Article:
Brands often talk about the opportunity and potential in Brazil, but it’s not all that easy doing business there. In addition to mountains of red tape, there is the all-encompassing ‘Brazil cost’ due to high taxes. For Frank Lund, founder and general director of distributor Frajo, the cost is there for everyone, and as long as Brazil remains inefficient in terms of infrastructure, has an over-regulated business environment and a complex tax system, almost every company will suffer.
One main problem is the country’s high taxes and the resulting cost of beauty products, which can be two to three times more expensive than in their country of origin. To get around this problem, more companies are looking at local production. This eliminates import duties and means that companies can use the savings to build their brand and expand distribution. Coty, for example, has begun producing the Rio Glow fragrance from its Jennifer Lopez brand locally, in partnership with direct-sales company Jequiti, thereby taking advantage of lower taxes.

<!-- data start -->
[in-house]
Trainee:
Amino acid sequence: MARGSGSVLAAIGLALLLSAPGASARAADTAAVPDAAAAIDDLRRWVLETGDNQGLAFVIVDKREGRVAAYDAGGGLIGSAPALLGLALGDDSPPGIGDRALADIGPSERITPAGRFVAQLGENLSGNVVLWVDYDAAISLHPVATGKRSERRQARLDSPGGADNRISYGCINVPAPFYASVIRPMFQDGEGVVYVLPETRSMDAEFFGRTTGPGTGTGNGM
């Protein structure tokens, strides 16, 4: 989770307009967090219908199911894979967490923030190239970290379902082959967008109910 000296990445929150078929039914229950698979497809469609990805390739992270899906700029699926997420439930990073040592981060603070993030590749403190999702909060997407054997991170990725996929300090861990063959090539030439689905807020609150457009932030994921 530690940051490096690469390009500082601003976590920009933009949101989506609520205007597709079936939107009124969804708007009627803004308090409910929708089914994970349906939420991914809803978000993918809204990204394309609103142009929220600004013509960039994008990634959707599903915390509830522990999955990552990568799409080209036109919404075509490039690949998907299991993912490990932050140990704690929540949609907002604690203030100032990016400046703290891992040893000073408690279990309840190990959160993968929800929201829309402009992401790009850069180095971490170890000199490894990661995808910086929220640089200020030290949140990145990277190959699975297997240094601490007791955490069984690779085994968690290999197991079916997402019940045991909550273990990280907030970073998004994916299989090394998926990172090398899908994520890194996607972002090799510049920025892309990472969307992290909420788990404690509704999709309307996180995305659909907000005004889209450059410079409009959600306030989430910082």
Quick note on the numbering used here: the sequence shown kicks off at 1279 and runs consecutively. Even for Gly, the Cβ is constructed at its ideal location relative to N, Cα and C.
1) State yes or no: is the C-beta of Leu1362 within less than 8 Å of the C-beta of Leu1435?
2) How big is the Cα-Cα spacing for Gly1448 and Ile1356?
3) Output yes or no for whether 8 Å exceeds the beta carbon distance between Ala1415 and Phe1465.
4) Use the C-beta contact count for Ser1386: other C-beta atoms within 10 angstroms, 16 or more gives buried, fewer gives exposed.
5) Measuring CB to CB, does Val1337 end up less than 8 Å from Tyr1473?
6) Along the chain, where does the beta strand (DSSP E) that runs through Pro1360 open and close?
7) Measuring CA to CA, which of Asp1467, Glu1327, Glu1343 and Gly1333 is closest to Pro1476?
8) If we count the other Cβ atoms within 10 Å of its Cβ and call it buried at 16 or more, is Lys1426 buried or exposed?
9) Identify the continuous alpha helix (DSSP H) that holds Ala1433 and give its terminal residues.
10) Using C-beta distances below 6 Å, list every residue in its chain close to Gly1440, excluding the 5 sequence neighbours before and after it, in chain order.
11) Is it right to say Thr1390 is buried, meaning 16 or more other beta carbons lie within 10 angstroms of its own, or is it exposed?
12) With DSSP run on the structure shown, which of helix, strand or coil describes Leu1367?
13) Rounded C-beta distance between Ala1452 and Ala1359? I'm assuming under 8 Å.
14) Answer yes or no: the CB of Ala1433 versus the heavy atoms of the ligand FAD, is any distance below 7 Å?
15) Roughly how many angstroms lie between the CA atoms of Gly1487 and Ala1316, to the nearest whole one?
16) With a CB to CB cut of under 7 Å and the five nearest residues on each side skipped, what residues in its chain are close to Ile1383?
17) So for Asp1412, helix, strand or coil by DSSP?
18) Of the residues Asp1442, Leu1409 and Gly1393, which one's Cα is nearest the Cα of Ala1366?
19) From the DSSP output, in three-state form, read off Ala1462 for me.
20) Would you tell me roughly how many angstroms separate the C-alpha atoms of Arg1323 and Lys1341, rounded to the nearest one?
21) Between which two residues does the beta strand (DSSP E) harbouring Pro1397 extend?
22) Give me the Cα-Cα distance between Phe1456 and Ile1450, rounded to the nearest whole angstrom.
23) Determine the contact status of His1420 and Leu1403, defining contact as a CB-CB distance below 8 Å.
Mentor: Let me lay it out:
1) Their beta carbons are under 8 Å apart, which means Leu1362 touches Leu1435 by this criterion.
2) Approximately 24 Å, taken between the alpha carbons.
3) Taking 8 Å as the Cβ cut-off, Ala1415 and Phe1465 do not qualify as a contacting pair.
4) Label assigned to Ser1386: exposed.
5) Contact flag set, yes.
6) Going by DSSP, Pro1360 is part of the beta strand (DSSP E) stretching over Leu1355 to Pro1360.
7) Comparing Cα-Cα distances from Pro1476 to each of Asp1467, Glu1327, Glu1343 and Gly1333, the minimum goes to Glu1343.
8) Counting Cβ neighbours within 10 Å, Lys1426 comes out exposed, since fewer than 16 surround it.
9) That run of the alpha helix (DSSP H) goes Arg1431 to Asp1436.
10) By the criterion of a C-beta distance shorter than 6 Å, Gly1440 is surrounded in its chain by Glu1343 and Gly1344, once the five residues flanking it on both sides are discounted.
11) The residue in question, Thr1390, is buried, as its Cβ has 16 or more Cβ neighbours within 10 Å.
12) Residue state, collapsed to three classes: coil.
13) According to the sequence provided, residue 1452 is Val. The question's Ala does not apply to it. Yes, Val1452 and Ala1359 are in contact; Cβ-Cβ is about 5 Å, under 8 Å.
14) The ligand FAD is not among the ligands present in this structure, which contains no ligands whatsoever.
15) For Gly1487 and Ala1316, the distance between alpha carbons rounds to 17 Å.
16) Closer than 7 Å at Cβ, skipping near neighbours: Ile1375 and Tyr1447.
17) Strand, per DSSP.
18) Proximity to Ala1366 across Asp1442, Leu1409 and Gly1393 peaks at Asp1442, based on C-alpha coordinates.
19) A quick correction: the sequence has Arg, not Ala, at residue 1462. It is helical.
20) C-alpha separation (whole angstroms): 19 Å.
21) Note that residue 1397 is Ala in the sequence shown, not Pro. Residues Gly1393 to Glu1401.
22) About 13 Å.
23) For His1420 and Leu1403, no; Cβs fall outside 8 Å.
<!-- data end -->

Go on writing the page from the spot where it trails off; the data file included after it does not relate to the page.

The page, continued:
Another example is the Everlast fragrance (whose license is held by UK-based company IBML Group), which was developed locally by distributor Bright Star. Brazil was one of the best-performing markets for Everlast, which prompted IBML Group to begin local production of its fragrances there. The results of the collaboration have been positive and some of the locally produced products may even be exported to other markets. Spanish Group Puig also locally produced fragrances from Brazilian actress Juliana Paes.
To get around the tax issue, some companies have sought to come up with products with a lighter fragrance concentration, as levies on these items are lower. However, the general director of LVMH fragrance brands Brazil, Renato Rabbat, this strategy has its limits. “If taxes were lowered the country would be looked at with new eyes, but today there is no volume to justify the development of Brazil by international brands, even with some successful limited-edition lower concentration fragrances, such as Kenzo Flower Legere,” he comments.
To read BW Confidential’s full report on Brazil’s beauty market consumers click here.